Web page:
Any self-respecting dSLR has to offer live view these days, but they all rely on clunky mirror movements and need cool-running CMOS sensors. All except this one. Sony's DSLR-A300 uses a regular 10-megapixel CCD and offers instant live view at the flick of a switch, and via a neat tilting LCD too. It can be yours for around £340.
Sony's live view system is either cheap and crappy or brilliantly simple, depending on whether you like your engineering elegant or you just want it to work. Other live view systems flip the mirror up and open the shutter so that the image falls on to the sensor and gets fed to the LCD. Sony doesn't bother with all that nonsense. Instead, it simply deflects some of the light on to a secondary, lower-resolution sensor in the pentaprism, and it's this that produces the live image. You activate it with a sliding switch on the top of the camera. Instantly, a little shutter blocks off the viewfinder eyepiece and the live image appears on the LCD. There's no clanking of mirrors and no permanently-open shutter leaving your sensor open to dust particles. It's not an elegant solution, but it's a damned good one.
That's not the only good thing about this camera. Sony's built-in Super SteadyShot anti-shake system works with any compatible lens, and thanks to a battery life of 750 shots (unless you use the live view a lot), you can shoot all day on a single charge. The Sony's pictures are really clear and vibrant, and the detail is good too. But wouldn't you get even more detail with the 14-megapixel DSLR-A350? Well, it does offer another 4 million pixels, but it doesn't really capitalise on them and overall the detail is pretty similar.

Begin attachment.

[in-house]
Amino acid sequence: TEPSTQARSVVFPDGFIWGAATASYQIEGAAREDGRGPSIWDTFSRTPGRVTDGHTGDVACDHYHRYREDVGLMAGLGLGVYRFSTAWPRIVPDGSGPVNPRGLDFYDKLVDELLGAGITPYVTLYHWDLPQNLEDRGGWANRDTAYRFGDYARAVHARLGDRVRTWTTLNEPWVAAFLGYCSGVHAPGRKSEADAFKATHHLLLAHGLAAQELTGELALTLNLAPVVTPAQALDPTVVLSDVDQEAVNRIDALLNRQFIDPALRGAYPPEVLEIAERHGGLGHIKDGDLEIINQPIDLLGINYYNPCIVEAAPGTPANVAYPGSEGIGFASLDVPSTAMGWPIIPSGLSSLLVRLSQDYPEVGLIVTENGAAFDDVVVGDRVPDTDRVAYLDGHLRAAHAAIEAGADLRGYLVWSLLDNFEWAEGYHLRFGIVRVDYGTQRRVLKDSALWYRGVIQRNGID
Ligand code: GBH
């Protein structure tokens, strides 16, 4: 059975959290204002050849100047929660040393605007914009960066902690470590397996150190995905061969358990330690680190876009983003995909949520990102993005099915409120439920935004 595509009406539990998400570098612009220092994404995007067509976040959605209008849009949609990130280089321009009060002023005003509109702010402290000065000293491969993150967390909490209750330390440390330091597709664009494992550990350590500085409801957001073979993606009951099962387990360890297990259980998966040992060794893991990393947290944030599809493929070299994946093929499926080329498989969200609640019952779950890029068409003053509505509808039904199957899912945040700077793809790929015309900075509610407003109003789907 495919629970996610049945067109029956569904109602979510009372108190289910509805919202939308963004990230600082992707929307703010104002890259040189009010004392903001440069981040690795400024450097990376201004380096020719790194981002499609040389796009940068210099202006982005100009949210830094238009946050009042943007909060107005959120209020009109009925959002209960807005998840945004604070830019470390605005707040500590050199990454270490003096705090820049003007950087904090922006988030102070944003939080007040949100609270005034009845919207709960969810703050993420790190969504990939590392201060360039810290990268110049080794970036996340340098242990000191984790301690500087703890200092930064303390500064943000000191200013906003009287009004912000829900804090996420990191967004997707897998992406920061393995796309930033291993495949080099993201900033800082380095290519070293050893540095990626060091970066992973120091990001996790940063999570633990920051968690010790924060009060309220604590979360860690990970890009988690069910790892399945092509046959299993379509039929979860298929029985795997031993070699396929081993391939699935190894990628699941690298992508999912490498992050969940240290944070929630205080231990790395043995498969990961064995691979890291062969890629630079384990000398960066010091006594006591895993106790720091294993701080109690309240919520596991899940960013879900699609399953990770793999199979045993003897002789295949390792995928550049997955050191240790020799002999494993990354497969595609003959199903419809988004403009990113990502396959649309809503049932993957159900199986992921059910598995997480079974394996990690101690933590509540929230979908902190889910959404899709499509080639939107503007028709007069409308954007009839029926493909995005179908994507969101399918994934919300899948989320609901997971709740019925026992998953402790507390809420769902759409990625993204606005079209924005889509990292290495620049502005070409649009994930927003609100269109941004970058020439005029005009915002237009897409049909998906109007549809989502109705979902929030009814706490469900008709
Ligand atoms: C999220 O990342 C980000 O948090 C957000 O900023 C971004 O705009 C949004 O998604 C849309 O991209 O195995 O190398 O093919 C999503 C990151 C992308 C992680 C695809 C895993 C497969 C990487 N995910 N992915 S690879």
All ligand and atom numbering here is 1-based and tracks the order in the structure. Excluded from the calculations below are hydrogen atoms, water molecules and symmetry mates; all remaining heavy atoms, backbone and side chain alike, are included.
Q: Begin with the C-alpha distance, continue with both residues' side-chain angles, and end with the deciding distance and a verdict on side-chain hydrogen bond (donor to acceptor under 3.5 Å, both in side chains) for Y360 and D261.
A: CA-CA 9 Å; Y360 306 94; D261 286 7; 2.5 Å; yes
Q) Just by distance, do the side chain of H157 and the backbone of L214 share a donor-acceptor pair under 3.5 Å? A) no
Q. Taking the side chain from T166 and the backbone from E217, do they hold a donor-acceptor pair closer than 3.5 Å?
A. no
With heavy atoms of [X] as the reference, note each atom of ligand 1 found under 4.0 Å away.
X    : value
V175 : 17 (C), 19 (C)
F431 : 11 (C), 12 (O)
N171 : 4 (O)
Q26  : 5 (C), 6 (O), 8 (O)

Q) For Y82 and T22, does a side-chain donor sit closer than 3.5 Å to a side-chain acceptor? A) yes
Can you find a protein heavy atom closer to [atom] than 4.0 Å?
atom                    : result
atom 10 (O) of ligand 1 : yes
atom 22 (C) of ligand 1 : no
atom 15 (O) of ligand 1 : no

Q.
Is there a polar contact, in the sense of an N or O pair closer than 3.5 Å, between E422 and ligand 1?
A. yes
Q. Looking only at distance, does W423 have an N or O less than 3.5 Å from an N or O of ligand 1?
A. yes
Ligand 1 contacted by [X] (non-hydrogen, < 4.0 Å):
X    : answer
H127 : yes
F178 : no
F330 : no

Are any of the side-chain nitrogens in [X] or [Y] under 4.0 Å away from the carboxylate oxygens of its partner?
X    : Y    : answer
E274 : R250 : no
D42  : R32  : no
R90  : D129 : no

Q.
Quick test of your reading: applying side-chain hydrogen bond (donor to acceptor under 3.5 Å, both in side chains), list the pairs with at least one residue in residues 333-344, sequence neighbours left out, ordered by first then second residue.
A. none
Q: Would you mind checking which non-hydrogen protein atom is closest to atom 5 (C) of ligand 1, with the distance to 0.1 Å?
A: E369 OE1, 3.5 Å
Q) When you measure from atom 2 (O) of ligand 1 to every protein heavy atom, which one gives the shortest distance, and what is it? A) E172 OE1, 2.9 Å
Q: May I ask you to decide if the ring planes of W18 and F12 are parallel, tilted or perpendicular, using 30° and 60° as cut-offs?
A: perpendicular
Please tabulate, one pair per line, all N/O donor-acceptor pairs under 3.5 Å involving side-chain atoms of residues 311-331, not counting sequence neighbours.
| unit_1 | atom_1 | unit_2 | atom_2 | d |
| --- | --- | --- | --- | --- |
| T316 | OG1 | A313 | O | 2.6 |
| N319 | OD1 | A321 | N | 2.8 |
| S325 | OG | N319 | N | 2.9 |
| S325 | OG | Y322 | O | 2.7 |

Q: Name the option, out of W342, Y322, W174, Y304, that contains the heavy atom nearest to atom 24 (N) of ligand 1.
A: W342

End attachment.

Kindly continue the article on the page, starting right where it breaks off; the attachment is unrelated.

Admittedly, some of this is down to the 18-70mm kit lens. It might have a good zoom range, but optically it's not so hot. Things are nice and sharp in the centre, but by the edges of the frame the detail softens up and shows a fair amount of chromatic aberration too. You can't expect much from the kit lens on any budget dSLR, but this one is pushing it a bit.
And the camera itself has a slightly crude feel, partly because of the chunky plastic bodywork and partly from the coarse-sounding startup and autofocus systems. The engineering lash-up used to produce the live view system, meanwhile, leaves the optical viewfinder image slightly smaller and noticeably gloomier.
The price is certainly tempting, but dSLR prices have been dropping generally, and for the same money you can get a Canon EOS 1000D, also with live view, and also with 10 million pixels. The Canon's a slicker camera to use, though admittedly the Sony does produce better pictures and the simpler live view and tilting LCD are a big bonus.
Perhaps the biggest rival for the a300, though, is another Sony. The DSLR-A200 is essentially the same camera with the same controls, the same sensor and the same lens, but without the live view, and it costs around £60 less.
First impressions are that the DSLR-A300 is plasticky, crude and lumpy and lacks the finesse of rival dSLRs. But it grows on you. It proves versatile, effective and rather likeable. And it happens to take great pictures, within the limitations of the basic kit lens -- but you can always change that later for a better one.